February 27, 2020
Federal Energy Regulatory Commission
Kimberly D. Bose, Secretary
888 First Street, NE
Washington, DC 20426
RE: Docket No. EL20-21-000
Dear Ms. Bose,
Please consider this a Motion to Intervene for the purpose of filing comments in this docket. As an elected member of the New Hampshire House of Representatives, I represent constituents in Franklin and Hill, New Hampshire. I am a retired United States Air Force Officer and was the operational pilot for the B-2 during development. I am an engineer with extensive experience in nuclear effects and systems design. I also was heavily involved in the defense electronics industry in numerous special access programs.
The health and safety of my constituents, as well as the economy of the district I represent depends on the ability of the bulk power system to deliver electricity. This, in turn, depends on adequate and effective protection against physical attacks on the electric grid.
I am very disturbed by the allegations in this Complaint and the supplemental information filed by Mr. Michael Mabee on February 19, 2020. Mr. Mabee quotes a passage from CIP-14-2 (Physical Security) that indicates very few facilities are actually covered under this standard:
“The Standard Drafting Team (SDT) expects this population [facilities covered by the physical security standard] will be small and that many Transmission Owners that meet the applicability of this standard will not actually identify any such Facilities.” (CIP-14-2, Page 22.)
“Additionally, the SDT determined that it was not necessary to include Generator Operators and Generator Owners in the Reliability Standard.” (CIP-14-2, Page 23.)
Further, Mr. Mabee quotes an April 23, 2015 FERC order which states:
“Reliability Standard CIP‐014‐1 does not require responsible entities to assess the criticality of Bulk‐Power System facilities based on a simultaneous attack on multiple facilities.” (Order Denying Rehearing in Docket RM14‐15‐001. Page 4.)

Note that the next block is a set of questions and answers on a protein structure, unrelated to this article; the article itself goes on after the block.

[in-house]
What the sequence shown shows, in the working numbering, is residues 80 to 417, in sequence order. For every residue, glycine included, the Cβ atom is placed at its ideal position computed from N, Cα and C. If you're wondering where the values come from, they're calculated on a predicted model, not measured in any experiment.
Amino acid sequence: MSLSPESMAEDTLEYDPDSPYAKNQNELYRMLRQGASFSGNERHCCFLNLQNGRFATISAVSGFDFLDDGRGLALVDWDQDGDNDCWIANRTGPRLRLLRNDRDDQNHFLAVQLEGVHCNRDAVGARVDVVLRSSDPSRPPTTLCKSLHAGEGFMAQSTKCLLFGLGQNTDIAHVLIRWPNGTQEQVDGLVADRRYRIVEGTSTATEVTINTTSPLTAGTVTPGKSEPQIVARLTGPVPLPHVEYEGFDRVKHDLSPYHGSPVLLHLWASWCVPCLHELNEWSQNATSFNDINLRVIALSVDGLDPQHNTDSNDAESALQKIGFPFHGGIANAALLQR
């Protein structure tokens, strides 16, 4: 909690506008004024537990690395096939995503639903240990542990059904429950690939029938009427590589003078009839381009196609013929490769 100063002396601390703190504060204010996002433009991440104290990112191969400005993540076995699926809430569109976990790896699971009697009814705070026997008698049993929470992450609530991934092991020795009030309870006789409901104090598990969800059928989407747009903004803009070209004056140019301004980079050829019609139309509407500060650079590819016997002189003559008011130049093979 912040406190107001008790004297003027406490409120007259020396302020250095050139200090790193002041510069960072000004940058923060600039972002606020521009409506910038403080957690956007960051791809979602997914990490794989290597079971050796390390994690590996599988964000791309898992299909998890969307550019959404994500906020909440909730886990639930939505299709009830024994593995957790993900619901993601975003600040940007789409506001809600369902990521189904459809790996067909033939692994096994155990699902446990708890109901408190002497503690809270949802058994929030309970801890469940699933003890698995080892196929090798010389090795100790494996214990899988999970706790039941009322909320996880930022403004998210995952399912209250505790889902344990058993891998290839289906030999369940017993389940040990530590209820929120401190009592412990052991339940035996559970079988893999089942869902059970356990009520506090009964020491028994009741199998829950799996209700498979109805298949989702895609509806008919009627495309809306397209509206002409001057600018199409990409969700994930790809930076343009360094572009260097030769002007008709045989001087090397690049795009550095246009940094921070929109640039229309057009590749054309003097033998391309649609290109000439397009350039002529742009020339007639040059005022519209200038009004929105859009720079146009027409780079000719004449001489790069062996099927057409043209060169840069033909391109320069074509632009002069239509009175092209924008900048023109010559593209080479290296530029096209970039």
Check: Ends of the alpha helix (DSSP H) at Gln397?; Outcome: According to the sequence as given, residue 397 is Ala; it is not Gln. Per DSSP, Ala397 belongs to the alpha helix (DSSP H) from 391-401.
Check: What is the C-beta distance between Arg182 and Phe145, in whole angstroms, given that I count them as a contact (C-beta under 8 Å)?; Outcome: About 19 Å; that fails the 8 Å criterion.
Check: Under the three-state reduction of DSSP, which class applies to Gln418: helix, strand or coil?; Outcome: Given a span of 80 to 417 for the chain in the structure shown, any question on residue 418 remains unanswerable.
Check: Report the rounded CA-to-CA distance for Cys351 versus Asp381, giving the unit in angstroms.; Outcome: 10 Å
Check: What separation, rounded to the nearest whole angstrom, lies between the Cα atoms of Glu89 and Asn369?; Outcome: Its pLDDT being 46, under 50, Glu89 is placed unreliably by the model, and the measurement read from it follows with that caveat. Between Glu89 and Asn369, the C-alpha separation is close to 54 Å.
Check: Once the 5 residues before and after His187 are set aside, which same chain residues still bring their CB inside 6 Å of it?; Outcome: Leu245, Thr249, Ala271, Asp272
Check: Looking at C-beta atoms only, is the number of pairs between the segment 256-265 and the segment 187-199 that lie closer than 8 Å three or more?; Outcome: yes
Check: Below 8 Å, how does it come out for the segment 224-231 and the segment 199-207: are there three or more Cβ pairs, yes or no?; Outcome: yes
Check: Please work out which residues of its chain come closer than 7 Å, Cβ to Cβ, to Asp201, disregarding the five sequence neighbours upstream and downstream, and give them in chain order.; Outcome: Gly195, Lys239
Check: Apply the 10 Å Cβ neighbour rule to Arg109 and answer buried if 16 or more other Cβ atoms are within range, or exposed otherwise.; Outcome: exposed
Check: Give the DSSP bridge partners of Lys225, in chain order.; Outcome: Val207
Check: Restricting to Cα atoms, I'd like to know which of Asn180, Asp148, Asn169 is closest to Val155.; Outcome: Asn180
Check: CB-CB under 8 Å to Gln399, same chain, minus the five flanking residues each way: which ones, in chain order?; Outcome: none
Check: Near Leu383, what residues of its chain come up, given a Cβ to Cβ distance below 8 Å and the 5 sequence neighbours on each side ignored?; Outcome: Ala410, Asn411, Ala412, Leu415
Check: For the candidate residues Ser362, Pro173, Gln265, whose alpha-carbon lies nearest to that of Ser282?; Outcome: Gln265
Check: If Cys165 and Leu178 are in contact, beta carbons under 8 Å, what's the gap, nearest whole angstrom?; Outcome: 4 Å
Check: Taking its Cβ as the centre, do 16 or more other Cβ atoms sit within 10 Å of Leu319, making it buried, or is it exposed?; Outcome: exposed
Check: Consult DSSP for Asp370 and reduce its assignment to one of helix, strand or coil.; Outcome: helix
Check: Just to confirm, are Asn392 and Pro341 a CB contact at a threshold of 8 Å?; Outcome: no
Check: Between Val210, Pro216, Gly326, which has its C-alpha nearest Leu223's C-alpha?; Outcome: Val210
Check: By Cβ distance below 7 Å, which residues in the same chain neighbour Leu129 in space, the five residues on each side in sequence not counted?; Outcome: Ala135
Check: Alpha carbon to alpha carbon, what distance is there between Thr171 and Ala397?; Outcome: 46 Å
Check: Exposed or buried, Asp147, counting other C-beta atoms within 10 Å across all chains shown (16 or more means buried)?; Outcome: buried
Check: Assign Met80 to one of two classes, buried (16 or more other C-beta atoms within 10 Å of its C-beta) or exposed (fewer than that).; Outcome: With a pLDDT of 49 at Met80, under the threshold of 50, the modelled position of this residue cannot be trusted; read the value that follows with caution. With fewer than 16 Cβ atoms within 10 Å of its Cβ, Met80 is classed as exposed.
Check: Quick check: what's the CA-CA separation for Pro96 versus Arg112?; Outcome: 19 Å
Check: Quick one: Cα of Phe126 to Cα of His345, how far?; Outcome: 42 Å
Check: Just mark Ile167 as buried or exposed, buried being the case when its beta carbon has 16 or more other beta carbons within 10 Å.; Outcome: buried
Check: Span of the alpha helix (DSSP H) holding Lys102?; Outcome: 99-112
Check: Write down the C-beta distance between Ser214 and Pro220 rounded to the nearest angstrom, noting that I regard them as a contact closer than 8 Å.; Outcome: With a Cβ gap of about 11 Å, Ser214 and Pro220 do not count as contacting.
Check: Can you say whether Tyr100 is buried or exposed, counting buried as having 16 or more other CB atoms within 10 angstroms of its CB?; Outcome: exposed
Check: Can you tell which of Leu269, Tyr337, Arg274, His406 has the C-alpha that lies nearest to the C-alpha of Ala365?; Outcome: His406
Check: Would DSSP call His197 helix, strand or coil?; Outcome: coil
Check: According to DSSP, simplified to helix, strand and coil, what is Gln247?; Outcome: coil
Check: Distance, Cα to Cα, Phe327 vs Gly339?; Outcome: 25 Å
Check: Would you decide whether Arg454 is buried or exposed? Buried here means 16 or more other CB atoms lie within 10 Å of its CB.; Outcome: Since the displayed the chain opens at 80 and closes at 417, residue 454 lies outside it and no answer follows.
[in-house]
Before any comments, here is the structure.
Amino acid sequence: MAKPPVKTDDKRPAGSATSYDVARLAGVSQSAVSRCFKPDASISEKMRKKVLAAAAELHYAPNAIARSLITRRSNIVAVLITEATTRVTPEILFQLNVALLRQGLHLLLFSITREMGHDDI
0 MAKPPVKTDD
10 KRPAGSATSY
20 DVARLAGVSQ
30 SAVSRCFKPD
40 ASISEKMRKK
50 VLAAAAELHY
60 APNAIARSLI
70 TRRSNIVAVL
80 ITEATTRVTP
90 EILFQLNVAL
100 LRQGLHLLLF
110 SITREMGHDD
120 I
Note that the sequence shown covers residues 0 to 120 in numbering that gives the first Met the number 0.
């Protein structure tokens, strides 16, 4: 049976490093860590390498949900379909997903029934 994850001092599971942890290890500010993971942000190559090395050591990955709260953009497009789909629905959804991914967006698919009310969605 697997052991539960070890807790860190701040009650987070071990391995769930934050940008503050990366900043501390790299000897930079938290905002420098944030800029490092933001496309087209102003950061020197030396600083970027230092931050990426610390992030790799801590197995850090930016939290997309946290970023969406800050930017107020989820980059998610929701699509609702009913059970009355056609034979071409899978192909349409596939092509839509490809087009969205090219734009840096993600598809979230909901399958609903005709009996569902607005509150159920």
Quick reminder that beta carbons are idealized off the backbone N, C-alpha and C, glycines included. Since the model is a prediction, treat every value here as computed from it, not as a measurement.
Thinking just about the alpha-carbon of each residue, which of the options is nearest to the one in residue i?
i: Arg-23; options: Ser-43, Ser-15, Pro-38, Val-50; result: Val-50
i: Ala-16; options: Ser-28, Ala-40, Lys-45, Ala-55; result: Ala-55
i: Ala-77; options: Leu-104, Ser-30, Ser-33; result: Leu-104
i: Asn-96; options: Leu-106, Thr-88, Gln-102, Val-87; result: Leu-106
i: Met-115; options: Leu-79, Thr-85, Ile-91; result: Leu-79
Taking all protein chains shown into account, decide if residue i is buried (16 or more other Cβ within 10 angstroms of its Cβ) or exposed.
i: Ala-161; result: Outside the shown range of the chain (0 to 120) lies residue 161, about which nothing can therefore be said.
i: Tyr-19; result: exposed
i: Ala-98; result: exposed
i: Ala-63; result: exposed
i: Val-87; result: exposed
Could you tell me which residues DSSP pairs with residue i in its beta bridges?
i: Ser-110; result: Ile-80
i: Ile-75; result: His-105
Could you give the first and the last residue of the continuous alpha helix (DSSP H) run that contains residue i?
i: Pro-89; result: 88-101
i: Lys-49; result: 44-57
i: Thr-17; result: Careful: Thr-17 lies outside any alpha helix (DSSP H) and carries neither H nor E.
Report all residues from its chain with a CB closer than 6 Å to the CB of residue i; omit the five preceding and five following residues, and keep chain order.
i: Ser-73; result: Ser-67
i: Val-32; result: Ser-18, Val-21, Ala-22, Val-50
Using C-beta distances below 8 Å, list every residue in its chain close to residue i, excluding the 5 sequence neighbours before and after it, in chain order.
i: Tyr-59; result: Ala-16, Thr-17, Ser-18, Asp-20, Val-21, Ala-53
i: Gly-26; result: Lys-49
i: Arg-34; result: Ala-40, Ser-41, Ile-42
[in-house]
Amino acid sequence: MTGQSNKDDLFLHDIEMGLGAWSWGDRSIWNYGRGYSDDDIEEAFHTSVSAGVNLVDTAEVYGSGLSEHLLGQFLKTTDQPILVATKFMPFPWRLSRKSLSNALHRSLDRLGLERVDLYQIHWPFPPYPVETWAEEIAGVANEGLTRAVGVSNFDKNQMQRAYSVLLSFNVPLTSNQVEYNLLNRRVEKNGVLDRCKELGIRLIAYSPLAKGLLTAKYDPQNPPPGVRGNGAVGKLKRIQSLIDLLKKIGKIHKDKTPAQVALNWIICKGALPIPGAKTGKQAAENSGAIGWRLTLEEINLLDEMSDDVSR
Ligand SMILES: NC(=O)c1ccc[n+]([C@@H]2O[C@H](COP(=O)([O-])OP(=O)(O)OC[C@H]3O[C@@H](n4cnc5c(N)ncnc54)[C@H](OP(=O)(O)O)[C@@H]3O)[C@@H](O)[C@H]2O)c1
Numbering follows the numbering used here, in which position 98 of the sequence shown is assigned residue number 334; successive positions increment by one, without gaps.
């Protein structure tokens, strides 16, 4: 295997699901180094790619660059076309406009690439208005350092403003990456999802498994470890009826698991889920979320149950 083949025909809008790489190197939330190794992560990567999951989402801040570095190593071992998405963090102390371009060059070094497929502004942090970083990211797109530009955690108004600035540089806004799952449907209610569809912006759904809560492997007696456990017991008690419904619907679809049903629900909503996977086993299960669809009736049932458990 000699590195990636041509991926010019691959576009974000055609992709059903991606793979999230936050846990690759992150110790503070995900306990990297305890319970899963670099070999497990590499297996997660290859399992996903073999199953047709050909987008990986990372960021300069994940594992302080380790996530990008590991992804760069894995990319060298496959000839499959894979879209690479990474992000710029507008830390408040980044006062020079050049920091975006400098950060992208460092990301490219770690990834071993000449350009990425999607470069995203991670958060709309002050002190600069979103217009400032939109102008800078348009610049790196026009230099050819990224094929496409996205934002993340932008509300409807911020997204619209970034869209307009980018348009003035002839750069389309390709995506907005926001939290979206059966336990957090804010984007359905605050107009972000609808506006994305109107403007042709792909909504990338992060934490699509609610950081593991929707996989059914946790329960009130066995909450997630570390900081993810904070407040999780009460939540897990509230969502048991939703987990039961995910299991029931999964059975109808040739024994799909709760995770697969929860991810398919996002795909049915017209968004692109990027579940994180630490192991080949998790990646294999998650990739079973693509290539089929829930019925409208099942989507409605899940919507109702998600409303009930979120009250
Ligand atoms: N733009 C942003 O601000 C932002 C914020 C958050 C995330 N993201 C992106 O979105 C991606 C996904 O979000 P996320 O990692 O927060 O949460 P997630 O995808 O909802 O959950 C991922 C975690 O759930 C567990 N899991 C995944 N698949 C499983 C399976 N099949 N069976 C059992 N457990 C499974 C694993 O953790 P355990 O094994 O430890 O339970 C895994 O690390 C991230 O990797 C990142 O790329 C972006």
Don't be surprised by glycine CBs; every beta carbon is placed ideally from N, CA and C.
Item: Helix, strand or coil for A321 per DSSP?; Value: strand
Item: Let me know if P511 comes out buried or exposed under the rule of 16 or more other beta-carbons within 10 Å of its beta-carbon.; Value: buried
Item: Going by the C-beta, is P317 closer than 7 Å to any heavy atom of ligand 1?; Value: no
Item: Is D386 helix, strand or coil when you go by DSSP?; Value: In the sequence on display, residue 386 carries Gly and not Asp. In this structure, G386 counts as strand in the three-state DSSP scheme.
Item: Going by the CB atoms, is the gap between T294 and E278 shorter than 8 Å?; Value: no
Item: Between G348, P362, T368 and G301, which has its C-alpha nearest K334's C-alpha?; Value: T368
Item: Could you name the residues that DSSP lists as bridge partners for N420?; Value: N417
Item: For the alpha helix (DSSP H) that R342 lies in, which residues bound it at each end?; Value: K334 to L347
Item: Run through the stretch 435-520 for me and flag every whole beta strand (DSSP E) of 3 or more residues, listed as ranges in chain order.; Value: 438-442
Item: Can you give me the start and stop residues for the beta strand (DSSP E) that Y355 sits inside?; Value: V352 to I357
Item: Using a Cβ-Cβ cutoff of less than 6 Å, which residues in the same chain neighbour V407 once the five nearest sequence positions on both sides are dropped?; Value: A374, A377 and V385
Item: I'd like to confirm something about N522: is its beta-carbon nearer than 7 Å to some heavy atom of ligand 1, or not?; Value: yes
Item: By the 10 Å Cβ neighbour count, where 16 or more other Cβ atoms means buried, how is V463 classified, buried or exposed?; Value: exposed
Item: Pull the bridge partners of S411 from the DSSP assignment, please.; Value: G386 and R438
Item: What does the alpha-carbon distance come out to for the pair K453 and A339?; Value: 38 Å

If our generation facilities are not even covered by this standard, what protects us from a physical attack on multiple generation facilities? If very few of our transformers and none of our transmission lines are actually covered under the standard, what protects us from an attack on several of these unprotected facilities at once?
I do not believe the Commission can say that CIP-14-2, in its present state, offers sufficient protection if there is no consideration in the standard of the impact of simultaneous attack on multiple facilities. As we know, on September 11, 2001, the United States suffered a complex and well-coordinated physical attack against multiple locations. I am concerned that our electric grid is a target for such a coordinated physical attack.
A wide-scale blackout caused by a simultaneous attack on multiple bulk power system facilities poses a danger to all dependent critical infrastructures. Failure of our critical infrastructures from such an attack endangers lives, the economy and our national security. I am very concerned that the present physical security standard, CIP-14-2, may not adequately protect us against such a coordinated physical attack.
Given the bulk power system’s key role in enabling all 16 critical infrastructure sectors, I request the Commission undertake a review of CIP-14-2 and direct whatever improvements are necessary to provide effective protection for the bulk power system. Specifically, the Commission should consider the impact of a coordinated attack against multiple facilities including generation, transformers, control centers and transmission lines.
This issue needs the Commission’s immediate and urgent attention.
David K. Testerman
Criminal Law and Safety Committee
33 N. State Street, LOB 204
Concord, NH 03301